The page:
Survival Fitness

January 28, 2013 by | 1 Comment

Many people have endured a survival situation without the proper gear, after making a multitude of poor choices, and even running out of food and water, but two things are absolutely critical if you want to make it home alive; a positive mental attitude and physical fitness.

The average American’s idea of fitness today is surprisingly shortsighted, usually limited to weight lifting, yoga, or hitting the elliptical machine a few times each week. This is certainly better than stuffing your face with Oreos and watching a Honey Boo Boo marathon on your couch, but it’s not going to help you develop the physical condition you’ll need in a survival situation.

Whether you’re treading water alongside your capsized boat, pushing through the thick jungle undergrowth, or trudging up and down treacherous mountains, your ability to bench press 300 pounds or run a six-minute mile isn’t going to matter. What will matter is your endurance and core strength.

I’ve seen plenty of military men who could keep up with Olympic runners all day long, but when dropped into a dense jungle and forced to fight the vegetation, slick mud, and even mountainous terrain, they folded in a matter of hours. Until you’ve experienced an extreme environment first-hand, you can’t imaging how quickly it will exhaust you.

The solution is to train to build extreme endurance. Running is great, but mix it up from time to time by running:

  • With a 20-30 pound pack
  • Through the woods and swamps
  • Up and down mountains
  • On the beach sand/in the surf

This will build endurance, improve balance, and increase lower body strength, all of which you’ll need to extricate yourself from rugged terrain. You’ll also need core and upper body strength to help you climb obstacles, carry your gear, and sometimes fight off two or four-legged predators, which is best achieved through an extensive calisthenic program. This may seem old-fashioned, but consider that this is how the Marine Corps, Navy Seals, Delta Force, and other special military units all around the world keep the most elite men in the world in peak condition. Some exercises to consider are:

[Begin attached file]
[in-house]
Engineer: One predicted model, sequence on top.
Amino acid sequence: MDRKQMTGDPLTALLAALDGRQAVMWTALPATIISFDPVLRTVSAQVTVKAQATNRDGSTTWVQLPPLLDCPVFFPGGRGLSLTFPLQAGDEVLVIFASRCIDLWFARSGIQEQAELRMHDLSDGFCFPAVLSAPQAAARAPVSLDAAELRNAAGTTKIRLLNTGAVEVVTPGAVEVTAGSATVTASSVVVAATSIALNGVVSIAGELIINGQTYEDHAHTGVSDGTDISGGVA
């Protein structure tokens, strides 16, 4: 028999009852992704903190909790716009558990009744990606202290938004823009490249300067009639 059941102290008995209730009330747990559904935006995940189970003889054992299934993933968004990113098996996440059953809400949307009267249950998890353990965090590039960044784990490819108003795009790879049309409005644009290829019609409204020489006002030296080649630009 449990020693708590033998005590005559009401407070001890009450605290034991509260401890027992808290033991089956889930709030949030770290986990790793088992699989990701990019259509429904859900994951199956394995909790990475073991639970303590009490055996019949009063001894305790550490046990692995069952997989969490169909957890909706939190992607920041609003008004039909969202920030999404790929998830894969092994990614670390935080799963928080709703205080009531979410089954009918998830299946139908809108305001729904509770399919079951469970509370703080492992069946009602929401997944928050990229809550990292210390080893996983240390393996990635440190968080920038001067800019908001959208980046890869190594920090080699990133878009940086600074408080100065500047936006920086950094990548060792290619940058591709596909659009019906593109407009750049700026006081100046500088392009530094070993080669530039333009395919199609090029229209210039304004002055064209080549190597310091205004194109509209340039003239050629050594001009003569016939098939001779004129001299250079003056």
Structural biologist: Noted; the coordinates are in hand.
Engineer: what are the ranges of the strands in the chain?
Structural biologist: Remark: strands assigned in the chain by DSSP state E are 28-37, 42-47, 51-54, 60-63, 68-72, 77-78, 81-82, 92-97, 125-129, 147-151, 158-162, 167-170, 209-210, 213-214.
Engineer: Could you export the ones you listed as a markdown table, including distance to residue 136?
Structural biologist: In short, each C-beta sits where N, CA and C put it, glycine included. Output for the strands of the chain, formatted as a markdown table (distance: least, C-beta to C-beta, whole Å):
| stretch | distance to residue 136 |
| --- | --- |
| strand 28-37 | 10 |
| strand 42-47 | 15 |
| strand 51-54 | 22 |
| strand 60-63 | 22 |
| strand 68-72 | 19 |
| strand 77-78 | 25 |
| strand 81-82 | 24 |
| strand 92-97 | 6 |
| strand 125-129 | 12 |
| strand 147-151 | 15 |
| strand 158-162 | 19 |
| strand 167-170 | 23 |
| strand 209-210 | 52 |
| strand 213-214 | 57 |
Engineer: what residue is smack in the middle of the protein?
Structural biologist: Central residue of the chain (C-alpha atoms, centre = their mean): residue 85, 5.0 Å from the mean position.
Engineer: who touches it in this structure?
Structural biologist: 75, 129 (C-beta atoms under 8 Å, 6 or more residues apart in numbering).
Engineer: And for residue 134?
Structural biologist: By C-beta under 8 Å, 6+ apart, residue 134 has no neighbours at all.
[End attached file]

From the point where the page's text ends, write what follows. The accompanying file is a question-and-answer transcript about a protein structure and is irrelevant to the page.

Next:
• Push ups
  • Sit ups/crunches
  • Toe touches
  • Flutter kicks
  • Squats
  • Pull ups
  • Windmills
  • Lunges
  • Leg lifts
  • Mountain climbers
  • Jumping jacks

You should also add unconventional techniques, such as flipping tractor tailor tires, carrying railroad ties, logs, or boulders, and dragging weighted sleds, as well as more conventional exercises like jumping rope, a punching bag workout, and wrestling. You’re only limited by your imagination, and if you’re not the imaginative type, PX90 or the many boot-camp style exercise programs available can help get you started.

Swimming is another great total body workout. Open ocean is best because you have to fight unpredictable waves and currents, but if you don’t have that option, a lake or even a pool will work.  Just make sure you know your capabilities and stay within them. Even with all of my experience, I’ve let my ego veto logic on several swims, including once nearly drowning three-quarters of the way across a lake, and on several occasions, barely fighting my way back through the ocean currents to finally collapse on shore.

A varied fitness routine is going to work muscles you probably didn’t even know you had and introduce you to a new level of pain, but it will give your body the strength and endurance you need to survive nearly any situation.

Melanie Swick (a.k.a. Survival Chick) grew up wanting to be a rocket scientist, but when she realized she that required way too much math, she took to her second dream—spending time in the wilderness. Today, when she's not hiking, camping, or hunting, she's blogging about it. You can connect with Melanie on Facebook.

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